Within three days the wound had completely healed. The chief petty officer, who knew nothing about the green salve, told me the stuff he had been using must be great. I kept quiet about the salve.

At times, being the smallest ship participating in fleet exercises, our destroyer was hard put to keep up with the larger ships, doing around 30 knots (Our maximum speed was about 32 knots).

One day, during heavy weather, we were plowing through waves almost as high as our bridge. We all had to stand our watch in the pilot house because of the waves coming over the bridge. No one was safe from being washed overboard. Suddenly, the pilot house phone sounded. I answered the phone and the call was from the chief petty officers’ quarters in the bow of the ship. They reported something had ruptured and water was rushing into the quarters. We had to call the command ship and they reduced speed, then we proceeded to port for repairs.

Our captain, Commander Carleton Romig Kear Jr., was transferred to another ship in October 1949. Our new captain, Commander John Edwin Johanson, was ship’s captain until November 1950. Following the transfer of Capt. Johanson, our executive officer, Lt. Commander John D. Patterson, became acting captain until January 1951, when Commander Kenneth Washburn Hines came aboard.

At sea with Capt. Hines

With Capt. Hines in charge, we left for Guantanamo Bay in Cuba on a shakedown cruise. When we arrived, we tied up to stanchions in the open bay. A ship was already tied to one side of the stanchions, so we were restricted to the other side.

The captain brought us in at right angles to the other ship instead of parallel. If we had come in any faster, we could have easily cut the other ship in half. After much maneuvering, the captain got the ship where it needed to be.

When it came time to refuel, we headed out to the refueling piers. They had similar stanchions where the ships were secured during refueling. Our captain plowed the ship right into the stanchions. Splintered wood flew in all directions. These two incidents were the only significant events on our shakedown tour.

One dark night, we were traveling as one of many destroyers surrounding larger ships. All ships in the squadron were being guided by “course clocks.”

Part of a destroyer’s enemy detection procedure is to use sonar to search for enemy submarines. Our sonar watch personnel notified the bridge watch officer of a possible submarine contact. Capt. Hines was notified and immediately contacted the squadron command ship. It ordered us to leave the screen and track the submarine.

I stood behind Capt. Hines on the bridge. The moon suddenly came out from behind the clouds and revealed we were tracking another destroyer ― not a submarine. We were headed straight for the starboard side of the destroyer and about to cut it in half.

Capt. Hines gasped when he saw the other ship and froze. He was speechless and couldn’t move. He somehow pulled himself together, ran into the pilothouse, shoved the helmsman away from the steering wheel and pushed the engine room control person out of the way. He grasped the speed controls and threw the engine full back and swung the steering wheel full port. The ship veered violently, narrowly missing the destroyer’s stern.

One day we were going to tie our ship alongside another destroyer. Nesting one ship to another using heavy bumpers between them is standard practice in some ports.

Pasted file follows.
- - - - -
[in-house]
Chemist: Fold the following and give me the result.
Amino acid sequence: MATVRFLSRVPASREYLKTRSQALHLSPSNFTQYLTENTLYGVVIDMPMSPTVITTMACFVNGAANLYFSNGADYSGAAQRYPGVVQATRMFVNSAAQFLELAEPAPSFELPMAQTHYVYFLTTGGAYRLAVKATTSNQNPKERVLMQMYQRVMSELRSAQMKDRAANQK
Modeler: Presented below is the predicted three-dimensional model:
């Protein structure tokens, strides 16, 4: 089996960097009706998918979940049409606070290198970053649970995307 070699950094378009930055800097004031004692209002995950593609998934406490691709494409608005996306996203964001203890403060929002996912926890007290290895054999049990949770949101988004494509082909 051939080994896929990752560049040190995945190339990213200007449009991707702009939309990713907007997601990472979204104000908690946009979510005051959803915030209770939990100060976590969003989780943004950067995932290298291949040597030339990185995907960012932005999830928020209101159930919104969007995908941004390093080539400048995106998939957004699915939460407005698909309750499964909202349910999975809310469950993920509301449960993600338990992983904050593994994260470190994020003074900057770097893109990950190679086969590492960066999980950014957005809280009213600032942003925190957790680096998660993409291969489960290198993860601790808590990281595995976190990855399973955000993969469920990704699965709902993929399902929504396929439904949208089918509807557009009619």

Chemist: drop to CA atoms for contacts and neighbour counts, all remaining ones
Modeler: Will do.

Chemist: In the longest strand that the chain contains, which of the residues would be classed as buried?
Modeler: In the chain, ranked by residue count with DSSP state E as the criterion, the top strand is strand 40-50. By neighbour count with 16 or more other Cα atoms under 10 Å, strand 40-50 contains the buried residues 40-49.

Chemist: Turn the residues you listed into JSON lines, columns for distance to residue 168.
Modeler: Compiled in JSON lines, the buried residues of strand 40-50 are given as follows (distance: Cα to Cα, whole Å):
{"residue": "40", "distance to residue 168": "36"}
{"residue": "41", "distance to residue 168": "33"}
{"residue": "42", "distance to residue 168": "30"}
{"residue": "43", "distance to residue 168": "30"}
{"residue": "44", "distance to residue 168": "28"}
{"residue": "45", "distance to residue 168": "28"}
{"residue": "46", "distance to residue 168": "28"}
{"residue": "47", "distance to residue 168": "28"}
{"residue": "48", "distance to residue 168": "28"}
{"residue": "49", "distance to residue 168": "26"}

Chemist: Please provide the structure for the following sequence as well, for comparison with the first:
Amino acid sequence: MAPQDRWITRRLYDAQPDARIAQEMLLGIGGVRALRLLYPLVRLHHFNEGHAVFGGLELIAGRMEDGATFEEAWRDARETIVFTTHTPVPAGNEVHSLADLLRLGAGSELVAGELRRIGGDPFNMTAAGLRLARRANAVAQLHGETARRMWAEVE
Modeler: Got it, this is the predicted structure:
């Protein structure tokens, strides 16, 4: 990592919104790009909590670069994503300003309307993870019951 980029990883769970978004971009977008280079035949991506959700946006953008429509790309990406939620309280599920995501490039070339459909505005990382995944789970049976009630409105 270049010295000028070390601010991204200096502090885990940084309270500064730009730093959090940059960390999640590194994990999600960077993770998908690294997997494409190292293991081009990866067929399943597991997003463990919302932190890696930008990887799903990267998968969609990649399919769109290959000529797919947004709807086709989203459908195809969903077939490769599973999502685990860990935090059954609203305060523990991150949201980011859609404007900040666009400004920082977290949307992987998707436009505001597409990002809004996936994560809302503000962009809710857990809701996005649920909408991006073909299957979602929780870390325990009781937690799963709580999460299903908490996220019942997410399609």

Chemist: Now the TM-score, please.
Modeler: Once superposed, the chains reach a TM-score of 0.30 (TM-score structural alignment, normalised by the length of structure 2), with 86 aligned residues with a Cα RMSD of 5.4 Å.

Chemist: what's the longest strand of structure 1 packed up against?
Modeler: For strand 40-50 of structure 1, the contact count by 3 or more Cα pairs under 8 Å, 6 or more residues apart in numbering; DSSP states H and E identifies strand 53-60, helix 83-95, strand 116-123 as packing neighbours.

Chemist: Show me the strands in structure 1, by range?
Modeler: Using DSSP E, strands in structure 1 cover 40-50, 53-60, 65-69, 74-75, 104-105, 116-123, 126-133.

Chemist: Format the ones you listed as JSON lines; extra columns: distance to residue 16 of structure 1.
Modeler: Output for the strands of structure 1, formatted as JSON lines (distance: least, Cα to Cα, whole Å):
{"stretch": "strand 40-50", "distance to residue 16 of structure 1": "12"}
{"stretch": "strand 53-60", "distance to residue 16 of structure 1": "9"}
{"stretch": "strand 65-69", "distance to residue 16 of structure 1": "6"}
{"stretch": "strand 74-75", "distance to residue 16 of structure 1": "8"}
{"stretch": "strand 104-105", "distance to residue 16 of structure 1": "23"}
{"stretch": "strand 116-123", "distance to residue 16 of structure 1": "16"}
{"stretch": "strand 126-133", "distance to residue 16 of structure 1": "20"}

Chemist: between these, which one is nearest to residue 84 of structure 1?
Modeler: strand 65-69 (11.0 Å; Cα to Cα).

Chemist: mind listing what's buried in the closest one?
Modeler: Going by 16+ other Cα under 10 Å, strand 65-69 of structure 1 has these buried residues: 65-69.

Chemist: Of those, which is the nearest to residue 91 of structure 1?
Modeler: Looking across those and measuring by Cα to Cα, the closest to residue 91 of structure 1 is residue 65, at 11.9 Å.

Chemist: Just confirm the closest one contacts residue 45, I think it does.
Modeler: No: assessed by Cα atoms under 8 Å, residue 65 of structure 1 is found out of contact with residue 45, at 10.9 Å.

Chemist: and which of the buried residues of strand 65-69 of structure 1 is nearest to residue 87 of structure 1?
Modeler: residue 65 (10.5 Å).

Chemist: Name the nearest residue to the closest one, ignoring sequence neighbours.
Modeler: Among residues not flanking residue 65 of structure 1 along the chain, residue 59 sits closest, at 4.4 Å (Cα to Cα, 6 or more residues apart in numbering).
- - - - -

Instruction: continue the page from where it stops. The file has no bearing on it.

This day Capt. Hines misjudged our approach and our bow tore through a good portion of the steel structure of the other ship. The captain of the damaged vessel watched in disbelief. Capt. Hines waved and hollered over, “Don’t worry, I’ll send my ship fitters over to put you back together.”

Our first cruise to the Mediterranean Sea was soon after the end of World War II. Naval mines had not yet been cleared from all waterways and those areas were restricted to ships.

One day our lookouts saw something floating about 50 yards off our starboard bow. The ship stopped, and we determined it was an old naval mine. A gunner’s mate sank it with one of our 30mm anti-aircraft guns.

Epilogue

Finally, the ship was back in Norfolk.

After serving in the Navy from July 1948 to June 1952, I’d soon be honorably discharged as a quartermaster petty officer second class.

The Navy allowed people to be discharged early at the discretion of senior officers.

I was eager to leave as I was planning to attend Bucknell University and I needed time to apply for the fall semester. I also knew that the Bordelon was scheduled for another shakedown cruise to Guantanamo Bay, which probably meant I’d be forced to stay beyond my discharge date.

We had a new executive officer onboard, so I asked him for an early discharge. He was reluctant and told me how the captain only trusted certain people and I was one of them and he’d probably prefer I stay on board. Finally, after many discussions, he gave permission for me to leave.

I ran to my sleeping compartment, stuffed my clothes into my sea bag and headed for the quarterdeck. I almost ran into the captain, who was returning to the ship.

I ducked into a passageway until he passed. Later, an officer told me the new executive officer was given a reprimand on his records by Capt. Hines for allowing me to leave. The reprimand prevented the new executive officer from his next promotion. I was sorry to hear that.

When I was discharged, I sped out of the Norfolk Naval Base, threw my hat out the car window, tore my jumper in half and threw it after my hat.

Freedom! Hallelujah!